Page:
Factors Associated with Local–Regional Failure After Definitive Chemoradiation for Locally Advanced Esophageal Cancer
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Locally advanced esophageal cancer is often treated with a trimodality approach. While a substantial proportion of such patients initially achieve a clinical complete response (cCR) after chemoradiation, only a small proportion achieve durable control. We analyzed patients who reached cCR after definitive chemoradiation for esophageal cancer to identify clinical predictors of local disease recurrence.
We identified 141 patients who obtained initial cCR after definitive chemoradiation without surgery for esophageal cancer from 2002 through 2009. The initial response to treatment was assessed by endoscopic evaluation and biopsy results, with cCR defined as having no evidence of disease present. Patterns of failure were categorized as in-field (within the planned treatment volume [PTV]), outside the radiation treatment field, or both.
At a median follow-up of 22 months (range, 6–87 months), 77 patients (55 %) had experienced disease recurrence (local or both). Of first failures, 32 (23 %) were outside the radiation field, followed by 30 (21 %) within the field, and 15 (11 %) were both. By multivariate analysis, in-field failure after cCR was associated with a pretreatment standardized uptake value on positron emission tomography of >10 (subhazard ratio [SHR] 3.31, p = 0.023) and poorly differentiated tumors (SHR 3.69, p = 0.031). All failures, in-field and out-of-field, correlated with non-Caucasian ethnicity (SHR 2.55, p = 0.001), N1 disease (SHR 2.05, p = 0.034), T3/T4 disease (SHR 3.56, p = 0.011), and older age (SHR 0.96, p = 0.008).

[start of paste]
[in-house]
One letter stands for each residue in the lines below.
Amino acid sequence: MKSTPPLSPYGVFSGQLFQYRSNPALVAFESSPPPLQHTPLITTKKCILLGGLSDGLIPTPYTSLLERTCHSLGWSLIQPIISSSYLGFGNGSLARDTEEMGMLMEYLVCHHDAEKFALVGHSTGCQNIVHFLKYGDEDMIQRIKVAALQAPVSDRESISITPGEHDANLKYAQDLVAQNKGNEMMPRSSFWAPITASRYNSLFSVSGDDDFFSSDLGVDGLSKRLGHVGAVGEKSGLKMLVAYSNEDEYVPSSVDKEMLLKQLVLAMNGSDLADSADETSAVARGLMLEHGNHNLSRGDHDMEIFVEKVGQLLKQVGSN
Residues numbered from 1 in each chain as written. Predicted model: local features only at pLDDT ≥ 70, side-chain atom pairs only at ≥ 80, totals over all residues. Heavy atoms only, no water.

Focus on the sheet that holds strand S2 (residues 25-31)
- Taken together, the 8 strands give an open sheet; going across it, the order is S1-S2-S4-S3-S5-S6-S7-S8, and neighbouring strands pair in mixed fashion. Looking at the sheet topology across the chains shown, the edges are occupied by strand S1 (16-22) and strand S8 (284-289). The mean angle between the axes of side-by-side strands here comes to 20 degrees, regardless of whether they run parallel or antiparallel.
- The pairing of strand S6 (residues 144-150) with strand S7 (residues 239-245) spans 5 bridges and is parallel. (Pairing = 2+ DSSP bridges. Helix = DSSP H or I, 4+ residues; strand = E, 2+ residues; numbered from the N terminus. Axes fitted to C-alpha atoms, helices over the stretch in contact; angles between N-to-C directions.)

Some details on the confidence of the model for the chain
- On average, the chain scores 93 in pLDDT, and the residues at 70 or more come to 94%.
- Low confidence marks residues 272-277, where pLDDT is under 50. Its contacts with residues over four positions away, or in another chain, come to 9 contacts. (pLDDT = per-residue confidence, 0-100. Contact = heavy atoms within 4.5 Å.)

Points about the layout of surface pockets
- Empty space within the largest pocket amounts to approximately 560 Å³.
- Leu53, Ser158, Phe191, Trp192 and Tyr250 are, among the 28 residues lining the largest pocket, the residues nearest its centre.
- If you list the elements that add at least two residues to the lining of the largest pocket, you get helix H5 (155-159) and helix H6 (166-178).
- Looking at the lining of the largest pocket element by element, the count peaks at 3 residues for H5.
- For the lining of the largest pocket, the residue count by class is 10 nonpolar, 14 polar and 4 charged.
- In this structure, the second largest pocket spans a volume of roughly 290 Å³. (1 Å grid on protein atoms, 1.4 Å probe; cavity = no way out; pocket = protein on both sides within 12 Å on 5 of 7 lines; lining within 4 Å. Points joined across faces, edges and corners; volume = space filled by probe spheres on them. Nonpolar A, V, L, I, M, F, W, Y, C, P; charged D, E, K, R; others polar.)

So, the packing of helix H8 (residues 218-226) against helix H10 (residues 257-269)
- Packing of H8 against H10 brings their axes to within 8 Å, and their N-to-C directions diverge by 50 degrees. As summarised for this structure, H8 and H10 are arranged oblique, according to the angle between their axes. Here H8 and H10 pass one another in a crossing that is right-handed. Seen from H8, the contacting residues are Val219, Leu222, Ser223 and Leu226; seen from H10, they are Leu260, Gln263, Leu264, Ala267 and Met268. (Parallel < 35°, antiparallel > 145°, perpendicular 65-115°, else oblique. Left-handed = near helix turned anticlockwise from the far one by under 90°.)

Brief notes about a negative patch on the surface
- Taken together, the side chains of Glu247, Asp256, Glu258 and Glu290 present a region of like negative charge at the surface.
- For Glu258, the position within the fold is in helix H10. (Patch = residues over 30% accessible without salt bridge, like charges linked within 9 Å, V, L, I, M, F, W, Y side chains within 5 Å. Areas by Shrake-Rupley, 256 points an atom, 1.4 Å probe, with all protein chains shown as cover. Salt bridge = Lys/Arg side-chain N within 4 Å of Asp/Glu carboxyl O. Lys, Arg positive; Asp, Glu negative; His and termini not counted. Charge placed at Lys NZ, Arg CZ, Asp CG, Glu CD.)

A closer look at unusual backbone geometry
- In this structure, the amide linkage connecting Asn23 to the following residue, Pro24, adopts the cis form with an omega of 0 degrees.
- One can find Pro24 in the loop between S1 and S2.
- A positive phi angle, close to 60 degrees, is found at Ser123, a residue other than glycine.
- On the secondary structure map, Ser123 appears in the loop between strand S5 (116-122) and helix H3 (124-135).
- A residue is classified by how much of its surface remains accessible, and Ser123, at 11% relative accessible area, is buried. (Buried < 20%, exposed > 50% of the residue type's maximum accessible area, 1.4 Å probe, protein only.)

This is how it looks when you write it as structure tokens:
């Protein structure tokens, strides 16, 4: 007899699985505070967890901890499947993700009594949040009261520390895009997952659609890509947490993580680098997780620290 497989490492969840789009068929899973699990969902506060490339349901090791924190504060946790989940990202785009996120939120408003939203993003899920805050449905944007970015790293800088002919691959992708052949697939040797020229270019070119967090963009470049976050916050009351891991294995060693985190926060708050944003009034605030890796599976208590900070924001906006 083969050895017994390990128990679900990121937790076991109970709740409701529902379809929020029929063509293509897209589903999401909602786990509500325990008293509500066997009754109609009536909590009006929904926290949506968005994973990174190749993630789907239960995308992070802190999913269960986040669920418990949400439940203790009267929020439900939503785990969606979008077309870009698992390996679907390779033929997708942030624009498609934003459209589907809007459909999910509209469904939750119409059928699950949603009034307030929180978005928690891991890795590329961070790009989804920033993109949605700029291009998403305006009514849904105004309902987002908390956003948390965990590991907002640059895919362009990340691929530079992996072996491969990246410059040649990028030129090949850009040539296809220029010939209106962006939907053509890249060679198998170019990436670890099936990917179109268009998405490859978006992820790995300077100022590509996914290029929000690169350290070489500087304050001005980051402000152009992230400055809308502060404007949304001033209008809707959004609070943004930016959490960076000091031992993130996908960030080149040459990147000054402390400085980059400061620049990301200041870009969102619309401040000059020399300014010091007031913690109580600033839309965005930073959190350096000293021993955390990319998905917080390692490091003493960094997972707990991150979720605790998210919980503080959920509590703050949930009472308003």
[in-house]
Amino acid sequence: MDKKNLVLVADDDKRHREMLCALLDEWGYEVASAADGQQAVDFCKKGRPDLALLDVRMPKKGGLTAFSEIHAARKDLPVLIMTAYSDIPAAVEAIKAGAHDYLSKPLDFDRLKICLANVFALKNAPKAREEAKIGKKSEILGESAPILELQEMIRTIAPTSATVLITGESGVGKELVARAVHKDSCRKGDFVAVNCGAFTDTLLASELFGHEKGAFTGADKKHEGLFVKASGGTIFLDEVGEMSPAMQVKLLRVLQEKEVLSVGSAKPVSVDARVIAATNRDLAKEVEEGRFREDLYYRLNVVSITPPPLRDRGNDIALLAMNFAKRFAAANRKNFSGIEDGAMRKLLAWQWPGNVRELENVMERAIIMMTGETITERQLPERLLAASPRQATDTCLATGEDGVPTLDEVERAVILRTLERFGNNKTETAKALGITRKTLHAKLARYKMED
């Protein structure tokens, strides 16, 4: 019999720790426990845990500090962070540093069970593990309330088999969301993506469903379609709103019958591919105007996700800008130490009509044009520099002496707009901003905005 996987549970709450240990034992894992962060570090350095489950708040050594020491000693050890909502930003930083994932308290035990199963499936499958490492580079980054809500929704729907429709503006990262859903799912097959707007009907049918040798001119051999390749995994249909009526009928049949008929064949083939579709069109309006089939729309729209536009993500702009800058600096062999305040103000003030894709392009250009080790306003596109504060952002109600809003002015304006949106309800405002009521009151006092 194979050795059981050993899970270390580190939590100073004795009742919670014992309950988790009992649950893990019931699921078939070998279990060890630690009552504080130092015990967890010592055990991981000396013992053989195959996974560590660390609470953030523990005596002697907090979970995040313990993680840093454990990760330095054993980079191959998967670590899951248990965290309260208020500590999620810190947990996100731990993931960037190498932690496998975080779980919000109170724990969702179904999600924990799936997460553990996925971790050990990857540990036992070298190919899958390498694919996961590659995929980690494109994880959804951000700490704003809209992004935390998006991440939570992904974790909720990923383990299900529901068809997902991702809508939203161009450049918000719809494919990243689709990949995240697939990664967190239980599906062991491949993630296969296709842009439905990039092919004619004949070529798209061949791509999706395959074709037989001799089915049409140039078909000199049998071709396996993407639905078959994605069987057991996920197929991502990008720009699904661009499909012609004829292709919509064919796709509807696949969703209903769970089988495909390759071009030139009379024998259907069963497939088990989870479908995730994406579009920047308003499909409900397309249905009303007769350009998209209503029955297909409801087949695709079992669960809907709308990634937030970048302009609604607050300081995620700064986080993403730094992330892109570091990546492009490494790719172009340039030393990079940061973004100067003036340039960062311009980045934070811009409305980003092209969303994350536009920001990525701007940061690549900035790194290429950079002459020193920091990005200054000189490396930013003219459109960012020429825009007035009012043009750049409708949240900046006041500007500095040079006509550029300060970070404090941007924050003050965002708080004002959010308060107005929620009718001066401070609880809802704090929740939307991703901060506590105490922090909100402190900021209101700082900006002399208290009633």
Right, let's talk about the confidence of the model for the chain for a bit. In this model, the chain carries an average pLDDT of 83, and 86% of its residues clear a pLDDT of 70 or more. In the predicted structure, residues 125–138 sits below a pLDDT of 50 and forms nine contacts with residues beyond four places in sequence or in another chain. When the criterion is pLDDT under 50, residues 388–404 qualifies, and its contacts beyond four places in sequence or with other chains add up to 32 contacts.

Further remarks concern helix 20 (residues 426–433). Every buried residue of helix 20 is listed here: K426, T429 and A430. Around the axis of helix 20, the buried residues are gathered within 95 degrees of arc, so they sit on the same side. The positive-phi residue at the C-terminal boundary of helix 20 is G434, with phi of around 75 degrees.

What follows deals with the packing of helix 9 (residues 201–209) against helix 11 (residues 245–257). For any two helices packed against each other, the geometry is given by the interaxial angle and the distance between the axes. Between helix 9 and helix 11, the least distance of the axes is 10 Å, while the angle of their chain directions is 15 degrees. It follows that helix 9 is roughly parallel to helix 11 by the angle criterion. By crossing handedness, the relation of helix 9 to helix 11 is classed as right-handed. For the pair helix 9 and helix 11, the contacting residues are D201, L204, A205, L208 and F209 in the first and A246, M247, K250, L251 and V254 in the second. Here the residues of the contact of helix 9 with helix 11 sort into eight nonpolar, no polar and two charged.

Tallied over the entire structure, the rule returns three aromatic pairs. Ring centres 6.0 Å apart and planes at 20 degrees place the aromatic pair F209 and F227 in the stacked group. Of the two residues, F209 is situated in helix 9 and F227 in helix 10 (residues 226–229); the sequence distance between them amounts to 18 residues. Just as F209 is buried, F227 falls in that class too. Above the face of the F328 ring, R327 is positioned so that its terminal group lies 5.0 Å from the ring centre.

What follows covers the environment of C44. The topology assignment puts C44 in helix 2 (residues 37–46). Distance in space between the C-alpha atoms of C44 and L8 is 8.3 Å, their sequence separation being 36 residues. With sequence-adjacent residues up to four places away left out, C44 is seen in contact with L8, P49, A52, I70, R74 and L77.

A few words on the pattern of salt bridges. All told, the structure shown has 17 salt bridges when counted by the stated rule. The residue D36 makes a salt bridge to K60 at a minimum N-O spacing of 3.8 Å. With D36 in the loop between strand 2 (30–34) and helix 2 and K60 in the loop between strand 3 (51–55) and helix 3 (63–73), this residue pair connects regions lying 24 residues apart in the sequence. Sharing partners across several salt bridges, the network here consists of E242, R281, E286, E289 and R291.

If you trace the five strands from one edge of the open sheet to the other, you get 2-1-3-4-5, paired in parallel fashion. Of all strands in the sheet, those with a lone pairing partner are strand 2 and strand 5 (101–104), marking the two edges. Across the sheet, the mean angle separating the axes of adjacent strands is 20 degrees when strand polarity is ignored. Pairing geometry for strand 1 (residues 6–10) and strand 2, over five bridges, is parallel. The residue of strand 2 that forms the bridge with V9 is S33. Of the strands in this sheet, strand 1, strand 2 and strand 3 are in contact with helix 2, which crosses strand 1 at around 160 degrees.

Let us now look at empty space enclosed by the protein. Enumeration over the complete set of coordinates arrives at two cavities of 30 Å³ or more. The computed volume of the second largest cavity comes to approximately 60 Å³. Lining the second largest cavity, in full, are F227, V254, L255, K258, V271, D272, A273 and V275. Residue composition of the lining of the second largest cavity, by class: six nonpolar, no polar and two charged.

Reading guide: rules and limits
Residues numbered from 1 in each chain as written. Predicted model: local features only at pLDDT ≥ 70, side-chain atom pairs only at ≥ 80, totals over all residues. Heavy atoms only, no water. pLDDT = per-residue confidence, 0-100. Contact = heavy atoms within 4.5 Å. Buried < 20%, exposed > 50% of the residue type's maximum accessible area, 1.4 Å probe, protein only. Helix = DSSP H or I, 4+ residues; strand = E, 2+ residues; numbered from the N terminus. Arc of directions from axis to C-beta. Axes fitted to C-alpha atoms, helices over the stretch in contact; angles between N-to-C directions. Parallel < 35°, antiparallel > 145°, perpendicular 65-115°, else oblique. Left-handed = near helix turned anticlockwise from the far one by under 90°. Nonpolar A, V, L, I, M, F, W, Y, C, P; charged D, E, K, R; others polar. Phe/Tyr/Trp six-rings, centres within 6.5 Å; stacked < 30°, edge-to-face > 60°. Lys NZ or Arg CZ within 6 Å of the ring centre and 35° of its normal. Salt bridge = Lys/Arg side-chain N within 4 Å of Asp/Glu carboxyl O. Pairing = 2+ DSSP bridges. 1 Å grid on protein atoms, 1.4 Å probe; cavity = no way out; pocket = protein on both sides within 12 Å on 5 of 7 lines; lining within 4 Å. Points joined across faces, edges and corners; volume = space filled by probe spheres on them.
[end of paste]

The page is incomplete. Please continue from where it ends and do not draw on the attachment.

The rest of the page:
Our data suggest that selected clinical characteristics can be used to predict failure patterns after definitive chemoradiation. Such risk-assessment strategies can help individualize therapy.
KeywordsEsophageal Cancer Standardize Uptake Value Gross Tumor Volume Receive Induction Chemotherapy Intensity Modulate Proton Therapy
Research supported in part by donations from the Family of M. Adan Hamed, Dallas, Park, Sultan, and Smith families; the Carlos H. Cantu Family foundation; the Rivercreek and Schecter Private Foundations; the Kevin M. and Debra L. Frazier Foundation.
The authors declare no potential conflicts of interest.
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